that were reachable by the standby Group Manager when it	 took  control
       cannot  accept commands from the old active Group Manager; but unreach‐
       able members continue to consider it active.  Control operations can be
       carried	out on both active Group Managers, each communicating with the
       members that it (and only it) can reach.	 Groups	 and  members  can  be
       added  or  removed on both (subject to the set of members each can com‐
       mand), and sharing rights can be added on both.	In some cases this can
       be  valuable; for example, when two data centers each remain functional
       but some intervening network link has been broken.  Each	 isolated  set
       of  systems  can	 proceed with independent disaster recovery operations
       within their group subset.

       At some point, communication is restored and the split groups  must  be
       rejoined.   This is accomplished through issuing a new command.	It can
       be executed on either active Group Manager to confirm that  Group  Man‐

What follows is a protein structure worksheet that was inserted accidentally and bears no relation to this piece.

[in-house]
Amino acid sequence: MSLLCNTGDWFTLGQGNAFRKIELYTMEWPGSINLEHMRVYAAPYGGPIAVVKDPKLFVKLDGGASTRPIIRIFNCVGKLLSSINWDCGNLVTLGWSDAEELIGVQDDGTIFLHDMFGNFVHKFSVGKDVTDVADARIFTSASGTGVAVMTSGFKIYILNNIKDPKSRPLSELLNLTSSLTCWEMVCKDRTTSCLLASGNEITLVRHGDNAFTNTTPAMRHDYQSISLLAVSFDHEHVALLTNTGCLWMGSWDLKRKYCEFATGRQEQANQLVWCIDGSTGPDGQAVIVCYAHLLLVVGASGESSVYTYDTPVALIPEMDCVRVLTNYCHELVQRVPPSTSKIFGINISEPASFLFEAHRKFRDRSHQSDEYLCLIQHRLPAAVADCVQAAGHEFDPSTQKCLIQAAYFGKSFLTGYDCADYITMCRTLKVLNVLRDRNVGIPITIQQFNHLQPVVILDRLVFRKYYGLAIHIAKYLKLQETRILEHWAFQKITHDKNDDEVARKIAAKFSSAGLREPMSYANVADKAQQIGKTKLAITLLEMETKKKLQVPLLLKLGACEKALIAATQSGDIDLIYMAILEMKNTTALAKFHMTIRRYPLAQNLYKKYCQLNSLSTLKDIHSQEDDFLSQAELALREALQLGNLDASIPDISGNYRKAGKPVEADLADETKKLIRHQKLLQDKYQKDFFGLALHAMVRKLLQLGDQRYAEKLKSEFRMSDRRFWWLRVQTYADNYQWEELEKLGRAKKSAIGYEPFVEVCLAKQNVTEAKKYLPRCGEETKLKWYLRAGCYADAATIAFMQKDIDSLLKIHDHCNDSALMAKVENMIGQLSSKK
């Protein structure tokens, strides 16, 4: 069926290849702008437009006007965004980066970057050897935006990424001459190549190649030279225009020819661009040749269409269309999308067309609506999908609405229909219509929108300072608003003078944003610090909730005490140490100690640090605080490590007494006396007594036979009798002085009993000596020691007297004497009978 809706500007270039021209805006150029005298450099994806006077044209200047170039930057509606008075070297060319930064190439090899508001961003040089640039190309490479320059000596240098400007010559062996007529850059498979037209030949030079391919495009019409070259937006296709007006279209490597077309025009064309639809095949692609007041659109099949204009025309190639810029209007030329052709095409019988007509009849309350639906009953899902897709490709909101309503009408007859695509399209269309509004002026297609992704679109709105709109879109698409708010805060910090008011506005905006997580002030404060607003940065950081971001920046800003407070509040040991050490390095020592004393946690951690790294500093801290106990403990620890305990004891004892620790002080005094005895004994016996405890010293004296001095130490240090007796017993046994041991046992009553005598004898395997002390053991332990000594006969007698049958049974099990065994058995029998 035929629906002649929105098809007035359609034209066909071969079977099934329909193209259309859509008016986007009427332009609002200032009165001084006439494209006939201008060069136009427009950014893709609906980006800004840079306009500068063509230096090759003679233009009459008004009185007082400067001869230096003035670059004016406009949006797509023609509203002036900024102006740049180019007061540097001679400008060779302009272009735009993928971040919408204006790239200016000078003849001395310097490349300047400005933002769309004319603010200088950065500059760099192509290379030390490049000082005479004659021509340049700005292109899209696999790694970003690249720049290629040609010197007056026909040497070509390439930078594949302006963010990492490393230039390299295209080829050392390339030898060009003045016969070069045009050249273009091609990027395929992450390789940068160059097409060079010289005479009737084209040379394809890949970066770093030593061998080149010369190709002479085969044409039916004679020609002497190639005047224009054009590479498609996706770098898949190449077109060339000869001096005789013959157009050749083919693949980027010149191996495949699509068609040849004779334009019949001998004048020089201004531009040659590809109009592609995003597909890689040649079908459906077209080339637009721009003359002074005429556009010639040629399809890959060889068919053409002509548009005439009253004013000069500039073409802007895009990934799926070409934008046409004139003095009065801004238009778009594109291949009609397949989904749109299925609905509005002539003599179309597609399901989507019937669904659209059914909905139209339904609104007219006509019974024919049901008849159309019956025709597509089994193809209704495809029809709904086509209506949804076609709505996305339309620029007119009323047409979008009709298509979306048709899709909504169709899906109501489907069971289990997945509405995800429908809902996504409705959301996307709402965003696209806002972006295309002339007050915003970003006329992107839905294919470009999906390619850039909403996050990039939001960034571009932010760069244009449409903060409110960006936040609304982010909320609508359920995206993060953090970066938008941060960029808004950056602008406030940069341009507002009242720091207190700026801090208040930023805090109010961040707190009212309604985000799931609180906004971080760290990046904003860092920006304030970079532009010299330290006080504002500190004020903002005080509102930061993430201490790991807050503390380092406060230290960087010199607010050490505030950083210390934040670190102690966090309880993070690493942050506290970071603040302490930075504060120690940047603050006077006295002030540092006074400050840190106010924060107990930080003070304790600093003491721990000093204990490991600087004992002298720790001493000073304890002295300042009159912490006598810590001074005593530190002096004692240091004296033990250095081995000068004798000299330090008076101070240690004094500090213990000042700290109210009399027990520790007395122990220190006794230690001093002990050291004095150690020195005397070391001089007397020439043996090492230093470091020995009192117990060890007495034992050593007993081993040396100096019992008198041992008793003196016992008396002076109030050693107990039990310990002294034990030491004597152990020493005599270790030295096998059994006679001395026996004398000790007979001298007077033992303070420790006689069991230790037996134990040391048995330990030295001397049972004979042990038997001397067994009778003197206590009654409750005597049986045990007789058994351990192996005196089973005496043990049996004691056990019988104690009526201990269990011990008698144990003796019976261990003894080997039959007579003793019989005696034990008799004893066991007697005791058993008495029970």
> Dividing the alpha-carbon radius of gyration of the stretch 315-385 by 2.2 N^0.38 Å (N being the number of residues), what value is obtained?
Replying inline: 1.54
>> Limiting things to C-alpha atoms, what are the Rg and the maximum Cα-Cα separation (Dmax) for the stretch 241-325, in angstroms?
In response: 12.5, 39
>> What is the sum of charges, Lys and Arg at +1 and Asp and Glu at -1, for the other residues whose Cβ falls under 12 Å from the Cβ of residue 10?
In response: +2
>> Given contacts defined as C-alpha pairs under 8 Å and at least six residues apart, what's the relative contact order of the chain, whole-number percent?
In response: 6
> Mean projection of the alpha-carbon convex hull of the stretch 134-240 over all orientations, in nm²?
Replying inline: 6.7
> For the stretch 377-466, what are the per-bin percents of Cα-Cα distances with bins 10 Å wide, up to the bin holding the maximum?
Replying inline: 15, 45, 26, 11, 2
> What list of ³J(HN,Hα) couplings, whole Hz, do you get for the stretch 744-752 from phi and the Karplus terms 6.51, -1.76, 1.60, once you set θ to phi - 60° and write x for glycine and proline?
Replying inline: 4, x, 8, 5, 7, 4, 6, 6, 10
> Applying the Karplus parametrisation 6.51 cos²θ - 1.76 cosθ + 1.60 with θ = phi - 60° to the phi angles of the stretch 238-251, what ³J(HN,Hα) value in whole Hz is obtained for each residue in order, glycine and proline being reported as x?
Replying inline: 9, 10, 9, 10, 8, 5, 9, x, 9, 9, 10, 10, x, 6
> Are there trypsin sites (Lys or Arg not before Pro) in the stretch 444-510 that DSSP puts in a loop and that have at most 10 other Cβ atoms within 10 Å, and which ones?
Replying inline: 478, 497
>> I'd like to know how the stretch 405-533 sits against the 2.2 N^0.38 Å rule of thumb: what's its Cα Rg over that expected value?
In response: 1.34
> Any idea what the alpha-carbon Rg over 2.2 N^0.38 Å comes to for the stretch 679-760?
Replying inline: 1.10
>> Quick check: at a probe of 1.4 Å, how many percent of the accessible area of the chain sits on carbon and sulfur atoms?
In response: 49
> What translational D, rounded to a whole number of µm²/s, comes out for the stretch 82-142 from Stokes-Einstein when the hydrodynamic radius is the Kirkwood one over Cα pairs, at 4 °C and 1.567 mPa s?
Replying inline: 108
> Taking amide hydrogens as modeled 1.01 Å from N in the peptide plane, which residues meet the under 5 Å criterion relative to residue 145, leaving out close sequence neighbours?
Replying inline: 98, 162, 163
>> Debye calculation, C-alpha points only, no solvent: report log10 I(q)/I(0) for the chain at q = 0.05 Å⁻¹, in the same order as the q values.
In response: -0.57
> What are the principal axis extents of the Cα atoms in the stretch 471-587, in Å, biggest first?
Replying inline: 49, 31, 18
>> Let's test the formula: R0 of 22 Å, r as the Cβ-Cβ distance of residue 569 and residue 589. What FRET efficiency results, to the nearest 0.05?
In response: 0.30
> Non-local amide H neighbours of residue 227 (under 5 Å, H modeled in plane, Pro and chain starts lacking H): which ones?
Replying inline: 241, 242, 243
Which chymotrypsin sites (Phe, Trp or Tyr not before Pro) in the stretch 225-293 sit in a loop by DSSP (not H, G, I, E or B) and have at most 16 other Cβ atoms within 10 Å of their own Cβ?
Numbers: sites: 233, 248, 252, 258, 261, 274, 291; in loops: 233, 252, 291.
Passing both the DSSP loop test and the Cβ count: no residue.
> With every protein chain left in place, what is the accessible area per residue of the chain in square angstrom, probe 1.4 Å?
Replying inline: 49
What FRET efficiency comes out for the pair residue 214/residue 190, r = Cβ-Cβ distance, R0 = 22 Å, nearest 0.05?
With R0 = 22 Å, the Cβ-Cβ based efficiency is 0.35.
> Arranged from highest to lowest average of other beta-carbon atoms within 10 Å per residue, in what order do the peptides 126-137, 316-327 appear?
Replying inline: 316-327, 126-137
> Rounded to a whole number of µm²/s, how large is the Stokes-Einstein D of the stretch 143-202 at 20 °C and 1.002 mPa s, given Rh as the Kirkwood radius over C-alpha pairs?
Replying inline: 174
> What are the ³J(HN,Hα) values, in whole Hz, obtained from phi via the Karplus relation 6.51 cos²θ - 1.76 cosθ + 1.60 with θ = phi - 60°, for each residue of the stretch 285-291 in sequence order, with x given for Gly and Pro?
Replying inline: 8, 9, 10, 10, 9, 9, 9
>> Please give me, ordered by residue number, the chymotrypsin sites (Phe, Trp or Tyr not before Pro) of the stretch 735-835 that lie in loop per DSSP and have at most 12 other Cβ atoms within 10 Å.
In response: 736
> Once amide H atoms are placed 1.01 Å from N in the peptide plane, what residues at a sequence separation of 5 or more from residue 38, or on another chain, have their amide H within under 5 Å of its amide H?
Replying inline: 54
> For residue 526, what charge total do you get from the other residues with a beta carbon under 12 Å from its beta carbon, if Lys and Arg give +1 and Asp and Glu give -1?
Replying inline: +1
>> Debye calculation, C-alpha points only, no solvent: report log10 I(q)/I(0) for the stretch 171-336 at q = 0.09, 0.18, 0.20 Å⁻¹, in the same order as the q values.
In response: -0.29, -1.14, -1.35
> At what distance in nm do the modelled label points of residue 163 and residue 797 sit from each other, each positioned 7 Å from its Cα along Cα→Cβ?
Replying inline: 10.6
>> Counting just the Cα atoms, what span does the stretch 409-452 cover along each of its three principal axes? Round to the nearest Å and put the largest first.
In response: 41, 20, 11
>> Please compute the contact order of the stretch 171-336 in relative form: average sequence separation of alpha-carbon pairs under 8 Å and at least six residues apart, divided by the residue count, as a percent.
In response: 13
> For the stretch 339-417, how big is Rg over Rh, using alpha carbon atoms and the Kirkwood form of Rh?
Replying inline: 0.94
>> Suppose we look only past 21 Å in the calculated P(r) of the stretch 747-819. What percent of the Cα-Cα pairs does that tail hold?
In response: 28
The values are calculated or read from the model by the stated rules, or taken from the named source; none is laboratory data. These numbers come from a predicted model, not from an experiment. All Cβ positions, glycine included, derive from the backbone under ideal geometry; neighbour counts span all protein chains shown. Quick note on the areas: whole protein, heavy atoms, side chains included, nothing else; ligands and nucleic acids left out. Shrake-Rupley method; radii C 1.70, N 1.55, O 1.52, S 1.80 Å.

ager  as	 the active Group Manager and demote the other to standby sta‐
       tus.  Be aware that doing this loses all database changes made  on  the
       demoted	Group Manager during the time that the group was split.	 There
       is no method to merge the two databases,	 and  in  particular  any  new
       sharing	rights	applied to the Group Manager designated now as standby
       are lost.

       Note that in the more straightforward  case  where  the	Group  Manager
       fails  over  to	the  standby Group Manager, but the standby is able to
       contact all the members of the group, then on reboot of the  originally
       active  Group Manager, the group is "split" only in the sense that both
       Group Managers believe they are the active Group Manager.  All  members